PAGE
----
Diagnostic accuracy and the ability to assess tumor responses to treatment are only two possible end points of clinical imaging studies. Other end points include impact on patient management and outcome. The National Oncologic PET Registry, which that now includes more than 300,000 patients [146, 147], provided evidence for a highly significant impact of 18F-FDG PET on patient management across a wide variety of cancers. Patient management was affected in more than 30 % of all patients regardless of the study indication. However, the National Oncologic PET Registry did not address the impact of management changes on patient outcome. The challenges to establish such evidence have been summarized recently [148, 149, 150].

Standardization

Any imaging approach must be accurate and reproducible, should provide clinically meaningful diagnostic and prognostic information, and should improve patient management and outcome. As mentioned earlier, a high accuracy of PET/CT for diagnosing, staging, and therapy monitoring has been established. A recent meta-analysis confirmed the good reproducibility of 18F-FDG tumor uptake measurements [151].

However, PET/CT protocols are not well standardized, which is a precondition to achieve widespread adoption and acceptance of any diagnostic modality. CT-based RECIST is based on tumor size measurements whereby changes in tumor size are used to define complete response, partial response, and stable or progressive disease in response to therapy [83, 152]. Limitations of the approach have been summarized by Weber [30] and include (1) considerable interobserver variability in size measurements, (2) inaccurate differentiation between viable and nonviable tumor resulting in underestimations of responses; (3) overestimation of responses if tumor regrowth occurs rapidly, (4) inability to differentiate stable disease from beneficial response to (predominantly cytostatic) therapy, and (5) apparent stable disease that denotes slowly growing tumors rather than a beneficial response to treatment. However, although inherently inaccurate [30], RECIST provides simple guidelines for defining response or nonresponse to therapy. It is this simplicity that has led to the widespread adoption of RECIST in clinical practice.

Matters are more complicated for PET. Recent surveys highlight a substantial variability in image acquisition, reconstruction, and analysis, emphasizing the need for standardization in community-based [91] and academic [92] imaging centers.

Boellaard [153] has provided highly useful suggestions for image acquisition, reconstruction, and analysis methods. Young et al. [154] and Wahl et al. [118] have suggested PET-based treatment response criteria. Response criteria in lymphoma therapy have been adopted by many centers [155, 156]. However, no international consensus has been reached, a critically important shortcoming that needs to be addressed urgently.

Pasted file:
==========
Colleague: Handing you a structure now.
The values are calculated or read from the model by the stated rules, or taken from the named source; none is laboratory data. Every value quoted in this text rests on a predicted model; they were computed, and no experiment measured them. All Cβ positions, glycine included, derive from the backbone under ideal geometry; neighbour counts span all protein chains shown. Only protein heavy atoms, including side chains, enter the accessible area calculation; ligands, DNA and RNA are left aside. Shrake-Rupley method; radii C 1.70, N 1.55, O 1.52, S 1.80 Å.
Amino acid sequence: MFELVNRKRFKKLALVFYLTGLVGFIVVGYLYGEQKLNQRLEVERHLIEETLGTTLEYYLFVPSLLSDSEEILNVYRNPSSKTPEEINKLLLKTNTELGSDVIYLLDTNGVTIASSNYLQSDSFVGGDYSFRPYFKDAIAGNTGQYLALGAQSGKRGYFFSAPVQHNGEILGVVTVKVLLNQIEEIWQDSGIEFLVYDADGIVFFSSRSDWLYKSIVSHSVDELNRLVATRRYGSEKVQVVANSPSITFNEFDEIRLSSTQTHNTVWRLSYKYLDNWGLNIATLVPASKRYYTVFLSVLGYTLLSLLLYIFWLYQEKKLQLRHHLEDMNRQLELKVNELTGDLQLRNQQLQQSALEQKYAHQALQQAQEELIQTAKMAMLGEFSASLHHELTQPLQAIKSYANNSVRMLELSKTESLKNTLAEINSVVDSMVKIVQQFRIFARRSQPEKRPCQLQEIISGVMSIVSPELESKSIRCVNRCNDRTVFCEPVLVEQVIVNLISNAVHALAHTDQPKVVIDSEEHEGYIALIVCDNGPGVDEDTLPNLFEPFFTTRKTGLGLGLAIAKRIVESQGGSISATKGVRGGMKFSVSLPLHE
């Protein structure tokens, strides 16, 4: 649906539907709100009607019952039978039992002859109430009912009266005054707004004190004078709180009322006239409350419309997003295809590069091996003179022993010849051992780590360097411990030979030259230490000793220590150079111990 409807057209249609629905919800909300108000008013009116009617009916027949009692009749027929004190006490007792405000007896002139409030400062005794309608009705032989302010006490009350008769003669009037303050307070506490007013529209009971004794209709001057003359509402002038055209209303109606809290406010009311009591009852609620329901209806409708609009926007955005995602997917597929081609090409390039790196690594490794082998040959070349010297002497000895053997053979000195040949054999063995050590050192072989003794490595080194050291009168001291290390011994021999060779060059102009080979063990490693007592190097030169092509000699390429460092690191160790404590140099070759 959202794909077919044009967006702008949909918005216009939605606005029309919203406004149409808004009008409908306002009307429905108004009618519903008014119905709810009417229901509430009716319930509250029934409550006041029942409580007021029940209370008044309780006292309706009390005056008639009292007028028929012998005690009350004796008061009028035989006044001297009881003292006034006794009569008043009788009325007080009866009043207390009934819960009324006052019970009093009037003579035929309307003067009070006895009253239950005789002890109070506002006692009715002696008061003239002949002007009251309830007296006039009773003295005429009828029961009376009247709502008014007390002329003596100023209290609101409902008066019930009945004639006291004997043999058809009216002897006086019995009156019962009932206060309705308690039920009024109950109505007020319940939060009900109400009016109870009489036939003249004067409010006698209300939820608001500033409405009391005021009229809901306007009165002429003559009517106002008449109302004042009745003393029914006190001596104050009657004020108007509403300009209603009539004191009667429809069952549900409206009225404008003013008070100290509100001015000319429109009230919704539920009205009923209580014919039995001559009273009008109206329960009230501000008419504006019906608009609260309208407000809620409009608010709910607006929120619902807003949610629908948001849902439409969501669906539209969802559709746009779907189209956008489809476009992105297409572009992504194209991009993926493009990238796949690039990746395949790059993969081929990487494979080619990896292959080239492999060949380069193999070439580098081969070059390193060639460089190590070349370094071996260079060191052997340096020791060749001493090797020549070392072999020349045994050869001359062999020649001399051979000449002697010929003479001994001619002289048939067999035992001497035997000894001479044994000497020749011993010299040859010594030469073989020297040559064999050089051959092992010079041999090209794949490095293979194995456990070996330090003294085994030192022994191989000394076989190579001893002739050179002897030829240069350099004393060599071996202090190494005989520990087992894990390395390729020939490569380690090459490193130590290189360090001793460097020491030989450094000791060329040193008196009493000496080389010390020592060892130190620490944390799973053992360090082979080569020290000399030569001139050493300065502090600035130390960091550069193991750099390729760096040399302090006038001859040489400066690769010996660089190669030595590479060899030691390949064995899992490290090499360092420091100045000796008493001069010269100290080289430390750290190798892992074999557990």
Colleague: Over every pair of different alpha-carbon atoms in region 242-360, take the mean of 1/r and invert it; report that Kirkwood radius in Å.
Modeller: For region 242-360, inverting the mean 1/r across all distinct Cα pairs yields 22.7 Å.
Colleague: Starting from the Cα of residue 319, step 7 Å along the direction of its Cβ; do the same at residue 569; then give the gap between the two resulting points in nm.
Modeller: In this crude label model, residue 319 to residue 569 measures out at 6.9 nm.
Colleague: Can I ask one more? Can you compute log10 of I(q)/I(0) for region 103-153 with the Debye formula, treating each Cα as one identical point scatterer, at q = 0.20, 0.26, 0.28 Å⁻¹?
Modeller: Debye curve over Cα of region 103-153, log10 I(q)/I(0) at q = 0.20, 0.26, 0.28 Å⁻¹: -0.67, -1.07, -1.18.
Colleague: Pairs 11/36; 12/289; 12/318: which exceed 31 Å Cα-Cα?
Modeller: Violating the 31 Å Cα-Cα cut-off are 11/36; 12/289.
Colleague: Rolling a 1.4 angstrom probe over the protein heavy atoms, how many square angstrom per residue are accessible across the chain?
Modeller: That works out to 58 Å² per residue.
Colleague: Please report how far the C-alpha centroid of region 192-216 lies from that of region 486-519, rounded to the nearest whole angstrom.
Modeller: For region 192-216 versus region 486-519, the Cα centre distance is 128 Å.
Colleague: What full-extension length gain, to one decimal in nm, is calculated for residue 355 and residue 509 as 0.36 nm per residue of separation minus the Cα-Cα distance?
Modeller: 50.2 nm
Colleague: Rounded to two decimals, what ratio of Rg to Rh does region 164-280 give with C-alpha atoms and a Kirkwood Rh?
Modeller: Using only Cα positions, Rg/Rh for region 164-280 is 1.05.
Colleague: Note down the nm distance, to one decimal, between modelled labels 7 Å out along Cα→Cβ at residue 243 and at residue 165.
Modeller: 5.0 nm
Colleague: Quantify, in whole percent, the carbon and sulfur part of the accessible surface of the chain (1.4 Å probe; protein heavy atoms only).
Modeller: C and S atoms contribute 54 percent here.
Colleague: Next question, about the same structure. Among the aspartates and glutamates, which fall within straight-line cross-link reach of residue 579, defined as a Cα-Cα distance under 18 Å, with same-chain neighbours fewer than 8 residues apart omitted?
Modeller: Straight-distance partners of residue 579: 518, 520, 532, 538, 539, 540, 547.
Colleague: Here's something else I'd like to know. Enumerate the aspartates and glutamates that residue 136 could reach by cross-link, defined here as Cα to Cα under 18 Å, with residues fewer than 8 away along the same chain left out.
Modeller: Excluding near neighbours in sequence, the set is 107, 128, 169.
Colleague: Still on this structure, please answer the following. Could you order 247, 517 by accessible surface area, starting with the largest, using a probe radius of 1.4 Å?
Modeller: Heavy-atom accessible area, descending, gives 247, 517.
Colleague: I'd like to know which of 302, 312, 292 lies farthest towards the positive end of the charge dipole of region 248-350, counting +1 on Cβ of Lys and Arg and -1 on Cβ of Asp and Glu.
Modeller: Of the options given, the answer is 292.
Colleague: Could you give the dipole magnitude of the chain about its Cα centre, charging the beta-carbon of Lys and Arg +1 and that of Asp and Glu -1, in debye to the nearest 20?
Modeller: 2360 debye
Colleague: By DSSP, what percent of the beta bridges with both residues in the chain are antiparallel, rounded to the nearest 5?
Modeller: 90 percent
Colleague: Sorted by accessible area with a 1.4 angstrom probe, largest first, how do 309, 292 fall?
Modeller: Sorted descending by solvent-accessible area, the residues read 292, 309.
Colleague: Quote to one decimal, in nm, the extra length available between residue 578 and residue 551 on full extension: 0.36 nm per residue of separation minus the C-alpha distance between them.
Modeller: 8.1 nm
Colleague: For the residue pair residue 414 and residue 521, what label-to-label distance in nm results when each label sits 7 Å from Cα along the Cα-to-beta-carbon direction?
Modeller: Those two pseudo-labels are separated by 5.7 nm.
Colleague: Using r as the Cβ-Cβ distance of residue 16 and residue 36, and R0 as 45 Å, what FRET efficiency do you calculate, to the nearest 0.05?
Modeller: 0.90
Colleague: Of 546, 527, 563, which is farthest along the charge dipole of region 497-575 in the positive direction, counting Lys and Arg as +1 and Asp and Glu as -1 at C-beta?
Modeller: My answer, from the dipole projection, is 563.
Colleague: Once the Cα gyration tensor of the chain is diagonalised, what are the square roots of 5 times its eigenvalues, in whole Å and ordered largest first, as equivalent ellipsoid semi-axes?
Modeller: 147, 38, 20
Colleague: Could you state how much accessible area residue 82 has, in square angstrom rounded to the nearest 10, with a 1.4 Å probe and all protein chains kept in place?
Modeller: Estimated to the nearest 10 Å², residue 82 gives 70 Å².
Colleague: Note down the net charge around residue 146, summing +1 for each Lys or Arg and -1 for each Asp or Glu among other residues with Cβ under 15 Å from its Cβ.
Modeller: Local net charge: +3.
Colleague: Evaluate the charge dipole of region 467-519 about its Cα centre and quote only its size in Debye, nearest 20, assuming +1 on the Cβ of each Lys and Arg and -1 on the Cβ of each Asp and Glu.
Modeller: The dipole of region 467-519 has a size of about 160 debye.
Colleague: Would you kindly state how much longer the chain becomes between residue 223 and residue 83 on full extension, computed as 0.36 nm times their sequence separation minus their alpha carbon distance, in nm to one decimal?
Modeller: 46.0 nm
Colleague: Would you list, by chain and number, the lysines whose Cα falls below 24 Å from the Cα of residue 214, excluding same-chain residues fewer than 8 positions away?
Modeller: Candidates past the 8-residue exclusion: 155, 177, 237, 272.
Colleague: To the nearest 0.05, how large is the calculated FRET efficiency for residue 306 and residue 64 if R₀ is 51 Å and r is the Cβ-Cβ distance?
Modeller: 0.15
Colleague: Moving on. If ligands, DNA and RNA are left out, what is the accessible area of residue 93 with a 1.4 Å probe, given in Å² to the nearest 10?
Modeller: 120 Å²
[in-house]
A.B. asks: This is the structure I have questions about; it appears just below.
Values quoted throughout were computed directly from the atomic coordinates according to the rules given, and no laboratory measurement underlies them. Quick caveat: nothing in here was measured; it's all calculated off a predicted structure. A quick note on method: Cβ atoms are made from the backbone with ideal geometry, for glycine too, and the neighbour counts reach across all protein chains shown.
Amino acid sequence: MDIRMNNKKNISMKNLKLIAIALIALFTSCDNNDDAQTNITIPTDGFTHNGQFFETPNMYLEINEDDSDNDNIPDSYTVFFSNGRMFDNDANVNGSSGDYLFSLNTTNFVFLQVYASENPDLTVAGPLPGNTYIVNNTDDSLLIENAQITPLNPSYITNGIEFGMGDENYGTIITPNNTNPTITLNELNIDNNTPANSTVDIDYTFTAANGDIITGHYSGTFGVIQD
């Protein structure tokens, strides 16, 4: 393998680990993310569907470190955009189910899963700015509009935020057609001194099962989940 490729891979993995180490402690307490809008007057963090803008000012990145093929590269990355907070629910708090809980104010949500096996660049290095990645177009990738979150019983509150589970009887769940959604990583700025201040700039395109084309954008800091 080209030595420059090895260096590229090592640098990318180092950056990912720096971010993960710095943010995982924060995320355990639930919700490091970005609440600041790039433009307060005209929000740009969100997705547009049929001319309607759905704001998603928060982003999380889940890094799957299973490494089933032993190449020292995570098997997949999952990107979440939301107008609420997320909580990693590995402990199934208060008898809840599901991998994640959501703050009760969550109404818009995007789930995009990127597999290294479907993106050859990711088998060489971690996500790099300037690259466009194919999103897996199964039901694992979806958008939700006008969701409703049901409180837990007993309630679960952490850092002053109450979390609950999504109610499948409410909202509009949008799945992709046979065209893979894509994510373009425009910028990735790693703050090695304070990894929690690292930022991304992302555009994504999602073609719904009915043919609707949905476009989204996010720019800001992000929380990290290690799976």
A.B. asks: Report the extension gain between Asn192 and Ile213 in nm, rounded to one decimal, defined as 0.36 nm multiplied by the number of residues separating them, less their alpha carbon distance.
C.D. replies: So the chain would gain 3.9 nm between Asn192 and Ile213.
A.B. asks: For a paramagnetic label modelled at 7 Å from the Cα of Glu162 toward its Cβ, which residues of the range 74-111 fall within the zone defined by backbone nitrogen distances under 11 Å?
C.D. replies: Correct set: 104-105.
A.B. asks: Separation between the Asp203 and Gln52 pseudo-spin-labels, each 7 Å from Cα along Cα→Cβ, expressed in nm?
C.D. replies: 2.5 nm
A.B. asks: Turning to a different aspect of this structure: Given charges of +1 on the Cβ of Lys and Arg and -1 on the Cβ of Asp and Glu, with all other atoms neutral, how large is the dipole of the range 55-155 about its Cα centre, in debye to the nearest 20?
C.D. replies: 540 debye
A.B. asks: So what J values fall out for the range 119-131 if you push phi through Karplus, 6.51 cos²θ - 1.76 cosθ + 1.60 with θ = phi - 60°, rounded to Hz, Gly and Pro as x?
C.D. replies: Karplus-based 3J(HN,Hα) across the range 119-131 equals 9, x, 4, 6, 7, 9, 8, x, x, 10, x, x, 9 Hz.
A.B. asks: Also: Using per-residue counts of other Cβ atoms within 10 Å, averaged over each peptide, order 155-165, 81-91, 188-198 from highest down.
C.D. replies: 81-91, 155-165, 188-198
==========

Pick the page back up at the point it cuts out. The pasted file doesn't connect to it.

Demonstrating a beneficial impact of 18F-FDG on patient outcome requires large trials with well-defined clinical end points. Over the last few years several such studies have been published. The PETAL trial was performed in lymphoma patients who had positive findings on pretreatment 18F-FDG scans [157]. Patients were initially treated with two cycles of CHOP followed by an interim PET scan. Treatment was continued in patients with negative PET findings, whereas those with positive PET findings were randomized to receive six cycles of R-CHOP versus an alternative therapy. Preliminary outcome data after 6 months revealed that relapses occurred almost six times more frequently in patients with positive findings on interim PET scans than in those with negative findings on interim PET scans (17 vs 3 %; p = 0.036).

The Municon trial was a nonrandomized study in esophageal cancer patients that used 18F-FDG PET findings 2 weeks after the start of treatment to either proceed with (in metabolic responders) or discontinue (in nonresponders) neoadjuvant therapy [158]. Nonresponding patients underwent surgery. The improved survival of metabolic responders underscored the feasibility and value of PET-guided treatment decisions. As another example, lung cancer patients who were randomized to presurgical workup with PET/CT had a significantly lower number of futile surgical procedures than those who underwent conventional staging [99]. Finally, colorectal cancer patients were randomized to either conventional follow-up or 18F-FDG PET follow-up [159]. Tumor recurrence was detected significantly earlier in the PET group, and these recurrences were more frequently cured by surgery.

Thus, PET-based risk-adapted therapy approaches are feasible and can affect patient outcome beneficially.

The Cost (Effectiveness) of PET/CT

Diagnostic tests in cancer have to meet high cost-effectiveness standards. The lack of agreement about basic principles for generating such evidence has recently been reviewed critically [150, 160].